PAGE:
Bacterial Acne vs Hormonal Acne: Understanding the Bacterial and Hormonal Differences

By Last Updated: June 6th, 202416.1 min readViews: 1951

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About the Author: Daryl Stubbs
Daryl Stubbs
Daryl is the owner of Sync Therapy. He's had over 11+ years in the health and wellness industry. Daryl's an award winning massage therapist, athletic therapist, and holistic nutritionist. During his time as the editor of Sync Therapy, he's developed a deep technical knowledge and practical experience with red light therapy, molecular hydrogen, probiotics, and gut health. Daryl loves to educate others through blog posts, reviews, and the latest science tactics. Daryl is a published author about Red light therapy on Amazon. Daryl is an avid soccer and baseball player, enjoys hiking in the mountains, and believes we have much to enjoy and learn from each other
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In this blog post, we’ll take a close look at the differences between bacterial acne and hormonal acne. We’ll explore what causes each type of acne, where on the body they typically appear, who is most likely to experience them, and the most effective treatments for each type. Read on to learn how to identify whether your acne is bacterial or hormonal so you can better target your treatment efforts.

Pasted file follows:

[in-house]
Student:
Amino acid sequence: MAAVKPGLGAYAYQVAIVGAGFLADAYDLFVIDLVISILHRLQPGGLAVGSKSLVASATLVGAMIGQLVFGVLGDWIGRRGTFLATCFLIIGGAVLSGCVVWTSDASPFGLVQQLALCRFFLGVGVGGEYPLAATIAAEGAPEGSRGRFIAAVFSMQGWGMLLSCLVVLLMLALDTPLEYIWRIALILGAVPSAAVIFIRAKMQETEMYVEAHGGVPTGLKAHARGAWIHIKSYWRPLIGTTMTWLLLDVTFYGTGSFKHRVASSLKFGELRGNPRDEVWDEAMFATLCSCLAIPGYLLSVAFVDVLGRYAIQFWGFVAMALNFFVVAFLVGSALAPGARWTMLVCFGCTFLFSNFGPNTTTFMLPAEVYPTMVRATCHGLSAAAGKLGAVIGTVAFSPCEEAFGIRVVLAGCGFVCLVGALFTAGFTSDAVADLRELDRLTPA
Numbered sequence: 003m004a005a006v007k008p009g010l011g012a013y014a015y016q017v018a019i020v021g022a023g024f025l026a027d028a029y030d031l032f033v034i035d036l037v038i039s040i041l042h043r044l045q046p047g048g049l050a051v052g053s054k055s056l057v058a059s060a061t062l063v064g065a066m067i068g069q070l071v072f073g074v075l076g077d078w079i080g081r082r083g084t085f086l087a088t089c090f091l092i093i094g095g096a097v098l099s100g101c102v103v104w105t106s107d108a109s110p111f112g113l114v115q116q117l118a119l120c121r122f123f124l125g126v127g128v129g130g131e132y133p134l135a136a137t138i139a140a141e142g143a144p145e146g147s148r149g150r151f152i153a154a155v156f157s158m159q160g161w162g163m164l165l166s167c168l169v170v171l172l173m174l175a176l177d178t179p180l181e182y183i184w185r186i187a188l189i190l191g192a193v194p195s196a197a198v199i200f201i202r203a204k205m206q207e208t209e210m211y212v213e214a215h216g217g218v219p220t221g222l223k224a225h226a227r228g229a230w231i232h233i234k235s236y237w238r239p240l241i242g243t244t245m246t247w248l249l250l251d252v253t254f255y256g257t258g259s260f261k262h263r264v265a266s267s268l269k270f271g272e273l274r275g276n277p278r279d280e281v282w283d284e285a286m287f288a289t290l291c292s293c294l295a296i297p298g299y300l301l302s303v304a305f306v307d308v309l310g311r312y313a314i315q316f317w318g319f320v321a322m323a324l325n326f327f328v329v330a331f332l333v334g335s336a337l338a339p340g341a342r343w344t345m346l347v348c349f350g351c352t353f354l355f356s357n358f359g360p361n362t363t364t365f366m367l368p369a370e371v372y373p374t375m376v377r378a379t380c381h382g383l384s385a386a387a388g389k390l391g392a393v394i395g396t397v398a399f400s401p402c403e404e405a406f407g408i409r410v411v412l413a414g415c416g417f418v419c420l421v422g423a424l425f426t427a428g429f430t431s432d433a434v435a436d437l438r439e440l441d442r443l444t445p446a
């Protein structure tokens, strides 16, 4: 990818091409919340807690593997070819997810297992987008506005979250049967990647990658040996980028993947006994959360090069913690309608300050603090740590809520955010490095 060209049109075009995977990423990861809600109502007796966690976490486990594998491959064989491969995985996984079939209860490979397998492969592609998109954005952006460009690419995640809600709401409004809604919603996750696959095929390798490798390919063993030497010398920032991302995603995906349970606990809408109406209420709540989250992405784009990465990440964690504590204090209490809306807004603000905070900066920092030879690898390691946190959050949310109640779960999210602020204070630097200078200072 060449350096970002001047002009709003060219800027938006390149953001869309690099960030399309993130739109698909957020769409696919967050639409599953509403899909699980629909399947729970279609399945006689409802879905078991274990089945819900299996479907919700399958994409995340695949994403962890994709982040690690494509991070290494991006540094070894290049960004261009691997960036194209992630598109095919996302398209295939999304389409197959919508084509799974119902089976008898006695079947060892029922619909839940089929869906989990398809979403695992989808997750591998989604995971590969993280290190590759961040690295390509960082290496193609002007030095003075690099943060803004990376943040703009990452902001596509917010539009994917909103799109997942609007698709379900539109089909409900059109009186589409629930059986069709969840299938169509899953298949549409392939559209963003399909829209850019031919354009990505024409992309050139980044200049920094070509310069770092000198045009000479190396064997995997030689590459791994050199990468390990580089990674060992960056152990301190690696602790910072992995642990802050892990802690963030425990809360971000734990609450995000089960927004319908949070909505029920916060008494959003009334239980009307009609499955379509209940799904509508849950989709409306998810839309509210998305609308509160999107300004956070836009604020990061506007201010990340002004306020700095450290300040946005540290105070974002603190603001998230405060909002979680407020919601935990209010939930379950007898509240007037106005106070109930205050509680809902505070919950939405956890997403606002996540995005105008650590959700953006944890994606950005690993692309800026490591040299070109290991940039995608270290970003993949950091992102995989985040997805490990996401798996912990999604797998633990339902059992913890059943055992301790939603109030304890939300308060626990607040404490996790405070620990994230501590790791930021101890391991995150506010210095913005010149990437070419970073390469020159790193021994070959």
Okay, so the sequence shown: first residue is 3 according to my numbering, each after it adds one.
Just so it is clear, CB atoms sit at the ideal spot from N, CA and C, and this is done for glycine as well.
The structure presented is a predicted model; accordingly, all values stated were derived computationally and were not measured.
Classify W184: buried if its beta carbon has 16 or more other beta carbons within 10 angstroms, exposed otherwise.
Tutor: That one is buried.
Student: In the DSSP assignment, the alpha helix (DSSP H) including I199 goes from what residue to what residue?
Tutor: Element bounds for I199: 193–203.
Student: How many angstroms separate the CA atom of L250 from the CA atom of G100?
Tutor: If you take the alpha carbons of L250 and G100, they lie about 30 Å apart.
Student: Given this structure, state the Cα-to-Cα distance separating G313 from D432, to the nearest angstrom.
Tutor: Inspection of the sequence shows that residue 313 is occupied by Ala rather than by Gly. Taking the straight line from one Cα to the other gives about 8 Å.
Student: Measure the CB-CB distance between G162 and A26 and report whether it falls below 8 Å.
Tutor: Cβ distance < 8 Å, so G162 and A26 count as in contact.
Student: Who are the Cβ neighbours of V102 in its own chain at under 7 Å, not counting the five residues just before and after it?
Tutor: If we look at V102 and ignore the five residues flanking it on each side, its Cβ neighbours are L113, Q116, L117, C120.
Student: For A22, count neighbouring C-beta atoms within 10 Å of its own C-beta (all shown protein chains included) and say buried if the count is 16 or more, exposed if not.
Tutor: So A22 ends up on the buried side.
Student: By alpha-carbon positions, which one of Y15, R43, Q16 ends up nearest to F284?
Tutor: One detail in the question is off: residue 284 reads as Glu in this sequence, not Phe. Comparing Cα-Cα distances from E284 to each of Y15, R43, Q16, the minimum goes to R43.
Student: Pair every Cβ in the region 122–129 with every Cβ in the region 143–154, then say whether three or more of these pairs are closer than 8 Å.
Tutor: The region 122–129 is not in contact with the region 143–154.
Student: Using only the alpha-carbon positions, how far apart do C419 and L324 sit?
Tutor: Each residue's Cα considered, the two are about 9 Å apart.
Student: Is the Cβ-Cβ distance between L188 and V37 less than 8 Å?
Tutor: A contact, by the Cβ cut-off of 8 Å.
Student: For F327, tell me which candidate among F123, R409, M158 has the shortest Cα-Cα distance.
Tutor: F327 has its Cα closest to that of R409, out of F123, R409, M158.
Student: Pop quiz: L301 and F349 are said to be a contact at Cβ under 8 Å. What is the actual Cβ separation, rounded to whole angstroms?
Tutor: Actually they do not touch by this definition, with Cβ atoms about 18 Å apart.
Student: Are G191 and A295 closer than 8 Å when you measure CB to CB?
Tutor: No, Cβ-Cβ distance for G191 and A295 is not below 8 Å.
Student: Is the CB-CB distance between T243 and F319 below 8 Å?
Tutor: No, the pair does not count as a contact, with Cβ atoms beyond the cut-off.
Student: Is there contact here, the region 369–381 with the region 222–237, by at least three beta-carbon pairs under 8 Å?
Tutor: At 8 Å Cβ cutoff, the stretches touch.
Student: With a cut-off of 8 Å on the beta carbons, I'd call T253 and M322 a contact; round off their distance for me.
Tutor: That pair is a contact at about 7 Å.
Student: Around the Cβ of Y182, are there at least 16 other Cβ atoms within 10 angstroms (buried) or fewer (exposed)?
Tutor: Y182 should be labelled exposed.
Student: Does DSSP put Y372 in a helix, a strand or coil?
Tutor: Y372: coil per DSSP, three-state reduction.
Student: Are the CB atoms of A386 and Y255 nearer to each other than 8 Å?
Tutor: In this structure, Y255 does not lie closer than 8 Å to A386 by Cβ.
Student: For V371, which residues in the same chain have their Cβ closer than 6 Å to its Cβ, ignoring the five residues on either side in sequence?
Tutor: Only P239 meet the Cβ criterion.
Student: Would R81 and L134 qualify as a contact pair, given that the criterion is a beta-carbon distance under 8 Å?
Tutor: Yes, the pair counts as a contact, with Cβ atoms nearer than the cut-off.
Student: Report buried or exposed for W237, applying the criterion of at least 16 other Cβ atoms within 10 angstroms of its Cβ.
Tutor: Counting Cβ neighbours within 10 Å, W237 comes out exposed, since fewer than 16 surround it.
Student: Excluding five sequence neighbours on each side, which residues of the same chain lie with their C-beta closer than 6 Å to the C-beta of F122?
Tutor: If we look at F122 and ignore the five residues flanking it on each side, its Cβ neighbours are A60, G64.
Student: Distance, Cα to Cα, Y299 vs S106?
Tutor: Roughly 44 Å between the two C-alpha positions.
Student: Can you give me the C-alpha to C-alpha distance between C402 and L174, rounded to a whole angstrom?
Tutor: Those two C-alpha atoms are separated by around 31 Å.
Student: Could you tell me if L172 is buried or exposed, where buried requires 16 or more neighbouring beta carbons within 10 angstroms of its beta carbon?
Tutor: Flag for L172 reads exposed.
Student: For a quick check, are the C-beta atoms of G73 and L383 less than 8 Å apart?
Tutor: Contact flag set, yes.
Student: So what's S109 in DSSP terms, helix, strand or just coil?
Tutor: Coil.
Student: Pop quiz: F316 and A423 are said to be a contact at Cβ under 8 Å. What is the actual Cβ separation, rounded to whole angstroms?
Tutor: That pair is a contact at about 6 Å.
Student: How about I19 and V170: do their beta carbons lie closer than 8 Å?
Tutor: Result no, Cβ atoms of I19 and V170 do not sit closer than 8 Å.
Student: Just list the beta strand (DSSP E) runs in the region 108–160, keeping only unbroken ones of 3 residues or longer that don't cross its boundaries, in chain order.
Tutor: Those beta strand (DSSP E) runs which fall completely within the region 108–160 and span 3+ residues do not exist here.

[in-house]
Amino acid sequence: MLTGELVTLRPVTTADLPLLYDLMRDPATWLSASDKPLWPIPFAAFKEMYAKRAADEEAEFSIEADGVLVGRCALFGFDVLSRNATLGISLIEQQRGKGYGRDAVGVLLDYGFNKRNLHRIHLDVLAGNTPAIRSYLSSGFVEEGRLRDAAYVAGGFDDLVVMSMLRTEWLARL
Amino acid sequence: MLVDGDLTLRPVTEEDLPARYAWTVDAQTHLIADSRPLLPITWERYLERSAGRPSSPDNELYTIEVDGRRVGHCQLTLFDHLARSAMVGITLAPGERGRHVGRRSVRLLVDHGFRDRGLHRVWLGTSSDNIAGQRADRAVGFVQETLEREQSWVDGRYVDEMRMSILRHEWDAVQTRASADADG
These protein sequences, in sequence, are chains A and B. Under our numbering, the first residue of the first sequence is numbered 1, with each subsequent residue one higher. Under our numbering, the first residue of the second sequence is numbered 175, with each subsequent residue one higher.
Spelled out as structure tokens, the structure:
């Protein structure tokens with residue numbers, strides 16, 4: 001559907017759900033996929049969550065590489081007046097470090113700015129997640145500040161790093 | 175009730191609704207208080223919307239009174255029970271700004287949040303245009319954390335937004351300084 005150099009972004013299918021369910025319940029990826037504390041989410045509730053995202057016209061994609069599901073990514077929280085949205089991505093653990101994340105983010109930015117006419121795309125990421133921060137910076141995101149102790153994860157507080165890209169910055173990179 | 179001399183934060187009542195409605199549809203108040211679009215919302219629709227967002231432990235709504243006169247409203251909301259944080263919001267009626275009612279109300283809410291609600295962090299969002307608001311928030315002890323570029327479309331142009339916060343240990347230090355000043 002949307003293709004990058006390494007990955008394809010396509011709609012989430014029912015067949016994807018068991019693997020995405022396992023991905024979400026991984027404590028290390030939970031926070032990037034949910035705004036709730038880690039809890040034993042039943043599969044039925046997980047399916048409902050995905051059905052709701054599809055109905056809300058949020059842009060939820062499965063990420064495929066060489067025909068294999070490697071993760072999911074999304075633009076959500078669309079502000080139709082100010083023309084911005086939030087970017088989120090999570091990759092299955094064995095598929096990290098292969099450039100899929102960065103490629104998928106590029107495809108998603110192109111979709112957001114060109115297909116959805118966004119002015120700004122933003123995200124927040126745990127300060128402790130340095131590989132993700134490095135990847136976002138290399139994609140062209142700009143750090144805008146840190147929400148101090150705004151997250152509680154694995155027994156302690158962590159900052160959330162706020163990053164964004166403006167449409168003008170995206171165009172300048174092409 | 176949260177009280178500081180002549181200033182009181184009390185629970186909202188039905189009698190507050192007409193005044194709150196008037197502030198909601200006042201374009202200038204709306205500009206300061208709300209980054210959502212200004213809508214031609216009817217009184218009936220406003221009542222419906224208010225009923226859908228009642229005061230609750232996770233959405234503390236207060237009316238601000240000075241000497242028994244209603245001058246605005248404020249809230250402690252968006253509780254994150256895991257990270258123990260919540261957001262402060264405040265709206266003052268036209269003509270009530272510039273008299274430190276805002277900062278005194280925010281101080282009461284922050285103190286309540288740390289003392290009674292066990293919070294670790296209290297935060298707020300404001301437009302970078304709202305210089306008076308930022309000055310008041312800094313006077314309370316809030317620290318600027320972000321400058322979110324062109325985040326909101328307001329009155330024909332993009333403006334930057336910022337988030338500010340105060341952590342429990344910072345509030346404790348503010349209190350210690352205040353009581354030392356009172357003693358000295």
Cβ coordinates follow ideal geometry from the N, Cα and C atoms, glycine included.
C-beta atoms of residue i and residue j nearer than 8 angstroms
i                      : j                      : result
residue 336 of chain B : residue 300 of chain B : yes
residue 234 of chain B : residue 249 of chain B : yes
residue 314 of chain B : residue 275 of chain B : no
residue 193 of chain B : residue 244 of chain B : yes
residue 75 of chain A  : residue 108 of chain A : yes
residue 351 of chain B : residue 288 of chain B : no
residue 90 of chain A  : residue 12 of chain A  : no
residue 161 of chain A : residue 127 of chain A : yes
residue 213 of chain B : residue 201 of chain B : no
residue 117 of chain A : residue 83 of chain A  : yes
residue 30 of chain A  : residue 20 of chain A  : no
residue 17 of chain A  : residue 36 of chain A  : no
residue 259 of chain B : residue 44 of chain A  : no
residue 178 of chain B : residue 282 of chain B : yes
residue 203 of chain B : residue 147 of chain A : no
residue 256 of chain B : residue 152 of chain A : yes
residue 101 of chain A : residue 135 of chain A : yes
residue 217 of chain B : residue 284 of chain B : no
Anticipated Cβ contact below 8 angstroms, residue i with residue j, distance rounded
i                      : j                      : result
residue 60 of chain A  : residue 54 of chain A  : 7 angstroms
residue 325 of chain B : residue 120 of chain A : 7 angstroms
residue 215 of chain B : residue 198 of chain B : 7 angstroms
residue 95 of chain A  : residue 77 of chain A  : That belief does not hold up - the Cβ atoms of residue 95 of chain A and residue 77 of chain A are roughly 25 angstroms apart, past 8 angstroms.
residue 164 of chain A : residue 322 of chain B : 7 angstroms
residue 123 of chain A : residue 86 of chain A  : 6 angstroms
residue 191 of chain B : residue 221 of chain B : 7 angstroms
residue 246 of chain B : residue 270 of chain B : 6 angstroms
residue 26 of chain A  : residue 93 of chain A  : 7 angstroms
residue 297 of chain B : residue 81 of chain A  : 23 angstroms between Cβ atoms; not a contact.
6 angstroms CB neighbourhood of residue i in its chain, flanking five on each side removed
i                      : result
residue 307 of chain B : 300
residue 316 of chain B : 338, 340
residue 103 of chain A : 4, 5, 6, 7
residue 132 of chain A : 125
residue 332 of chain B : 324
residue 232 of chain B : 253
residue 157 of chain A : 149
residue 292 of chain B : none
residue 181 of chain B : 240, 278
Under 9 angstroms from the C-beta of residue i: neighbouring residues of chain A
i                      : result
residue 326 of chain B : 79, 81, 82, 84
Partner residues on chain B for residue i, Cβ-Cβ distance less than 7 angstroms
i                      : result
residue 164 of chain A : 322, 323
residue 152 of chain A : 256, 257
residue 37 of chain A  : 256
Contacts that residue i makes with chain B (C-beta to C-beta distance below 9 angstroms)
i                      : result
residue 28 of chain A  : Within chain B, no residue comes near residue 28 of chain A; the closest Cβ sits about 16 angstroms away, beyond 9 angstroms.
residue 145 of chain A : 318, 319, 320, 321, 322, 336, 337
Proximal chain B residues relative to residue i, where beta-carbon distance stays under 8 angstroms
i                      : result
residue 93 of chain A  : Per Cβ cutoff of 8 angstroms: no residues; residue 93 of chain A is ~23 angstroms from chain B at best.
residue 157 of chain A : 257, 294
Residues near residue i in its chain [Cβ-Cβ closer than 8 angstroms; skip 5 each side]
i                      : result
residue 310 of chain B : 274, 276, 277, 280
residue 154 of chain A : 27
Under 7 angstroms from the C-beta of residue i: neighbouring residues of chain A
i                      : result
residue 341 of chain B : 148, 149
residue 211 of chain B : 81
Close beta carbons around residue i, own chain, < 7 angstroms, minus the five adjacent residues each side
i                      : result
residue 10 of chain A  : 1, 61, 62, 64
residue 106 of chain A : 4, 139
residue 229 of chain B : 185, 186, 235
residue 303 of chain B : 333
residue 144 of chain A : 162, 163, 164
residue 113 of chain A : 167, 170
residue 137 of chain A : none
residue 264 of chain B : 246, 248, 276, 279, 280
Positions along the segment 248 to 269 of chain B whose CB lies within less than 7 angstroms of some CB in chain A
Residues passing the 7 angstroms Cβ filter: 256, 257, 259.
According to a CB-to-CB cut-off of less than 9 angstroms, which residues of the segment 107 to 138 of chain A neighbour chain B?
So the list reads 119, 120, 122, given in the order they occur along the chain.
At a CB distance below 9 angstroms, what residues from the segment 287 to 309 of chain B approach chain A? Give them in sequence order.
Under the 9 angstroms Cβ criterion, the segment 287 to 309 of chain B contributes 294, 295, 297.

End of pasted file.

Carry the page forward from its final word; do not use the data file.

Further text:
The key differences come down to the root causes driving the acne in each case. Bacterial acne is caused by excess sebum combining with dead skin cells to clog pores. This provides the ideal environment for the bacteria Propionibacterium acnes (P. acnes) to multiply rapidly. The result is inflamed papules, pustules, nodules and cysts forming on the skin. Hormonal acne, on the other hand, flares up due to fluctuations in hormones like androgen hormones. The hormonal changes stimulate excess oil production and inflammation.

By understanding what’s causing breakouts in your particular case, whether it’s bacterial activity or hormonal fluctuations, you can select treatments that target the source of the problem. We’ll cover the best treatment options for both bacterial and hormonal acne coming up. Knowing your acne type will help you clear up breakouts more efficiently.

Key TakeAway Bacterial Acne vs Hormonal Acnes

Bacterial acne and hormonal acne are two types of acne that can affect individuals. While both types involve clogged pores and inflammation, they have different causes and characteristics.

Bacterial acne is caused by the presence of bacteria, specifically Cutibacterium acnes, which can lead to inflammation and the formation of pimples, blackheads, and whiteheads.